reply to this | link to this | view in chronology ]

  • icon
    dave blevins (profile), 17 Mar 2014 @ 5:19pm

    ask permission

    Not "ask", "get". Screaming, "Give me your permission to snap a photo", is quite different than documenting each individual that may be in the photo.

    reply to this | link to this | view in chronology ]

  • identicon
    Anonymous Coward, 18 Mar 2014 @ 4:58am

    I can just see it now...

    Guy 1: "What're you in for?"
    Guy 2: "I murdered my wife and two kids. Yourself?"
    Guy 1: "I took a photo in a public place..."

    reply to this | link to this | view in chronology ]

  • identicon
    Anonymous Coward, 18 Mar 2014 @ 7:10am

    I saw a couple of times filming sessions in public places. There were printed signs posted all over in vicinity, which said that by being there you automatically "agree" to be part of film (incuding commercial ad in one case). If not, you must leave area immediately. I always wondered about legality of such an "agreement".

    reply to this | link to this | view in chronology ]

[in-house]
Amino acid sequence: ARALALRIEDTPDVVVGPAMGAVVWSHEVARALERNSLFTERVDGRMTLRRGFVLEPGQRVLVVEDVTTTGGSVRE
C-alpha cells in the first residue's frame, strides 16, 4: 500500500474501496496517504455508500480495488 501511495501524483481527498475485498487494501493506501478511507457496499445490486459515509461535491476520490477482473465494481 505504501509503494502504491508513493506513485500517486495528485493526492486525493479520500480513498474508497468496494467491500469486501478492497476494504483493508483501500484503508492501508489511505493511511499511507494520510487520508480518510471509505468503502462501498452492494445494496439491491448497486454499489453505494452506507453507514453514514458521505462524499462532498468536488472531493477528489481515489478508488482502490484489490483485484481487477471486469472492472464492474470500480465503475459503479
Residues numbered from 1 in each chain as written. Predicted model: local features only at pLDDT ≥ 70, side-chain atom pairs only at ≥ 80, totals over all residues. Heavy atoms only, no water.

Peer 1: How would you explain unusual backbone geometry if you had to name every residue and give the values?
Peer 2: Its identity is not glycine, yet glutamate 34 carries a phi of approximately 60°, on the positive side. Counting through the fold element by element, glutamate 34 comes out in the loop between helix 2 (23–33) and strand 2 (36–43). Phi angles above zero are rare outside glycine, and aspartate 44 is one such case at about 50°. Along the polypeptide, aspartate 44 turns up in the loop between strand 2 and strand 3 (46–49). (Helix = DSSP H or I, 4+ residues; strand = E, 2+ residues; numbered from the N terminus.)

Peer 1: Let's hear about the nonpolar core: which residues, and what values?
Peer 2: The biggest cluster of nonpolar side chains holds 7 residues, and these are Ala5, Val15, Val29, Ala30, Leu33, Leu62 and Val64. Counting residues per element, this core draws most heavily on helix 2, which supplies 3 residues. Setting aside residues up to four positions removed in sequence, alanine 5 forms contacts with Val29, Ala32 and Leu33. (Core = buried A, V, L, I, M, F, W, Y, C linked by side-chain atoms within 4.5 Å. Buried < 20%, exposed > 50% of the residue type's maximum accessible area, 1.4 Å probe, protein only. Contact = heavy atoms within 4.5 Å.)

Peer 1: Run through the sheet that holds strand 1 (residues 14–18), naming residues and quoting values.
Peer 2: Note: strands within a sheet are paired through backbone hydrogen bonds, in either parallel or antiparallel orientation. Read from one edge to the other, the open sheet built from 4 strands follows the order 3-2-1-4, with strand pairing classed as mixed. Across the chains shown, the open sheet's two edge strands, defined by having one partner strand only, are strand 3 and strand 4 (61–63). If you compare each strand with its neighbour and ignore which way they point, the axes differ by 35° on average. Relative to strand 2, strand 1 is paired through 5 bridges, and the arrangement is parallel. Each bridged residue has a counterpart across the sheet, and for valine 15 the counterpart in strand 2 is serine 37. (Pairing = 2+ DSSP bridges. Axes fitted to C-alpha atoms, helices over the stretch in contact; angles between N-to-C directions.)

• icon
    Zangetsu (profile), 18 Mar 2014 @ 11:10am

    The new law and video

    Isn't video just a constant stream of "photographs"? Thirty photographs per second? So does this mean that any security camera catching public areas also needs to obtain permission from everyone it captures? Traffic cameras? Is this a new way to fight traffic tickets? After all, you did not provide consent. I pity news papers as they will no longer be able to print photographs. Imagine taking a picture of a crowd at a demonstration and try to get everyone's name.

    reply to this | link to this | view in chronology ]

  • icon
    GEMont (profile), 18 Mar 2014 @ 5:49pm

    Good Cop, Bad Cop

    "The new Hungarian law means bad apples in the country's police force will find it easier to avoid this kind of scrutiny."

    You are of course assuming that there are some good apples in that country's police force bushel basket.

    How many police officers there have complained about this new law?

    I will lay odds that the answer to that question is Zero.

    I will assume that's the same number as the number of good cops in Hungary... hopefully, some good cops will prove me wrong.

    reply to this | link to this | view in chronology ]